As a seafood company, both producing in and harvesting from the sea, it is absolutely imperative for the Group to keep the oceans clean and healthy.
We strive to reduce our environmental footprint, minimise our influence on wild habitats including wild salmon stocks.
In aquaculture, we are developing and testing new technology to improve our existing production methods, reducing emissions from our farms and avoiding accidental release of fish from our cages. We have a very good track record in recent years when it comes to accidental release. Our vision is zero accidental release.
We also work continuously to keep the sea free from plastic. We do this through collaboration with our suppliers of equipments, strict monitoring and control of our own production, recycling and recovery of cages from our farms and nets from our trawlers, but also through collecting plastic in the ocean with our trawlers through the “Fishing for Litter”-programme.
In our wild catch segment, we have modernised our trawler fleet with the newest and most modern technology available. We conduct all our catches within the strictest rules governing fisheries management, in close cooperation with the authorities and science.
One important tool in the Group’s quality and environmental efforts is certification according to international standards.
Lerøy Seafood Group has been involved in the development of the ASC-standard since 2004. In 2013, Lerøy Seafood Group was the first company worldwide to have a farm certified according to the ASC standard. Since then, numerous Lerøy farms have achieved ASC-certification, ASC-certification guarantee that our aquaculture operations are conducted in an environmentally sound and sustainable manner. Our product handling units (harvest and processing) also undergo audits to ensure traceability for certified products.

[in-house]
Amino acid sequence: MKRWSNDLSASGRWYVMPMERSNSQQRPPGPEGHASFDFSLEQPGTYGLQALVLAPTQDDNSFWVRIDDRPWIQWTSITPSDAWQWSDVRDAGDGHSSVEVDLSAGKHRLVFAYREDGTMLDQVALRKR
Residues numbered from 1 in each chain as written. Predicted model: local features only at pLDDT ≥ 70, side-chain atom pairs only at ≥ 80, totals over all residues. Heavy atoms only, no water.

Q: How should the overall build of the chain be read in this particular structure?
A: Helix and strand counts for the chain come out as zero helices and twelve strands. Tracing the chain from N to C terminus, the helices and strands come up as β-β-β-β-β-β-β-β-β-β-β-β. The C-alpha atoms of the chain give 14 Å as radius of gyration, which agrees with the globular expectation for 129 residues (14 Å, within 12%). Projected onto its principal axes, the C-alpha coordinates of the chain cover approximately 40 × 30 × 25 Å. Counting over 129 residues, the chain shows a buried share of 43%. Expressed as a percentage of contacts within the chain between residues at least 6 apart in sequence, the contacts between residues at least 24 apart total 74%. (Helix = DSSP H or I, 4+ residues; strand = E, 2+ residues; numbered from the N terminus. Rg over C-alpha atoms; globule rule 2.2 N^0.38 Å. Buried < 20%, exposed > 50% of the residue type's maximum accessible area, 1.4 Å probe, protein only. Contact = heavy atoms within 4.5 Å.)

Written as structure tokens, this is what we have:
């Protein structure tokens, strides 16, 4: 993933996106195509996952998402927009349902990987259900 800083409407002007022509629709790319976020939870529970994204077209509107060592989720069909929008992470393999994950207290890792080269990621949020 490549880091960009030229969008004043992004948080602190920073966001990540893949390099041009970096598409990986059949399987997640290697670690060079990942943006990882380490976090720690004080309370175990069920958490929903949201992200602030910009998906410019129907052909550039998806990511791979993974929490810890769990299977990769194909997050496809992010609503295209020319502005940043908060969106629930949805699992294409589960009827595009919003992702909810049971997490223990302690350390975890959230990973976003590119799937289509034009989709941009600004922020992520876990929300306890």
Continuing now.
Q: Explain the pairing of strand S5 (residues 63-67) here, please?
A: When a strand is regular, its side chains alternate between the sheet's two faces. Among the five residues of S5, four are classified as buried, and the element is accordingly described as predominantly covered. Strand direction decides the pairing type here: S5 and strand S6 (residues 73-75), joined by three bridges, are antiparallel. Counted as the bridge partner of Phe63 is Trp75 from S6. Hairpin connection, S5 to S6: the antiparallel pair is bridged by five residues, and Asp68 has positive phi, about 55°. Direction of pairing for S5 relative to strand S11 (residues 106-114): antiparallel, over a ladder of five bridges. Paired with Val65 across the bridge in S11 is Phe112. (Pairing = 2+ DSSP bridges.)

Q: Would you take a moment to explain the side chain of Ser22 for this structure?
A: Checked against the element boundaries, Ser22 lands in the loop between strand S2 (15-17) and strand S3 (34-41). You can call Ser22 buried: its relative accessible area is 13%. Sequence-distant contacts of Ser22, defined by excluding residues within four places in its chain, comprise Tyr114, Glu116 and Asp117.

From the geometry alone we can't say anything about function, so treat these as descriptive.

The main principles in the ASC standard are:
Lerøy continues to increase the number of certified farms. Moreover, all sites operate in accordance with the requirements that apply in the ASC-standard.
By the end of 2021, 69 % of our production capacity is ASC – certified.
GlobalG.A.P. is a standard that promotes measures that ensure food safety, minimal environmental impact with consideration to the biodiversity, and compliance with animal welfare and workers’ health and safety requirements. The standard covers the production process from roe stage to fish slaughter, and ensure traceability of certified products troughout the harvest, processing, sales and distribution.
The main principles in the GLOBALG.A.P. standard are:
1) Research licences are time-limited with a duration of three years, from time of project start. The licences have zero purchase price, and therefore no depreciation. The R&D licence allocated to Lerøy Aurora in the table above legally belongs to Akvaplan Niva (third party), but is operated by Lerøy Aurora.
2) The teaching licences are considered time-limited with a duration of 10 years. The licences have zero purchase price, and therefore no depreciation. The teaching licence allocated to Lerøy Aurora in the table above legally belongs to Troms- og Finnmark Fylkeskommune (third party), but is operated by Lerøy Aurora. The licence allocated to Lerøy Sjøtroll legally belongs to Hordaland Fylkeskommune (third party), but is operated by Lerøy Sjøtroll.
INNOVATION THROUGH SPECIAL LICENSES
Lerøy Seafood Group operates several special production sites/licenses to assure innovation regarding sustainability.
The Group's goal is to minimize the environmental footprint of our operations. We only fish species from fish stocks that are appropriately managed, and we constantly strive to find working methods and equipment with minimal footprint.
Our aim is to avoid harmful impacts on species caused by intervention in the natural environment in fjord systems, including sedimentation/seabed’s.
Main goal: To be able to leave the area where we operate to the same condition as before we started our production.
We operate in areas where wild populations of atlantic salmon also exists, and release of farmed salmon could interfere with the genetics of local populations.
We have implemented the NYTEK standard (minimum technical requirement) and we continuously work together with our suppliers to improve and develop new and better equipment. This is to ensure that all our farms have access to equipment of the highest possible technical standards.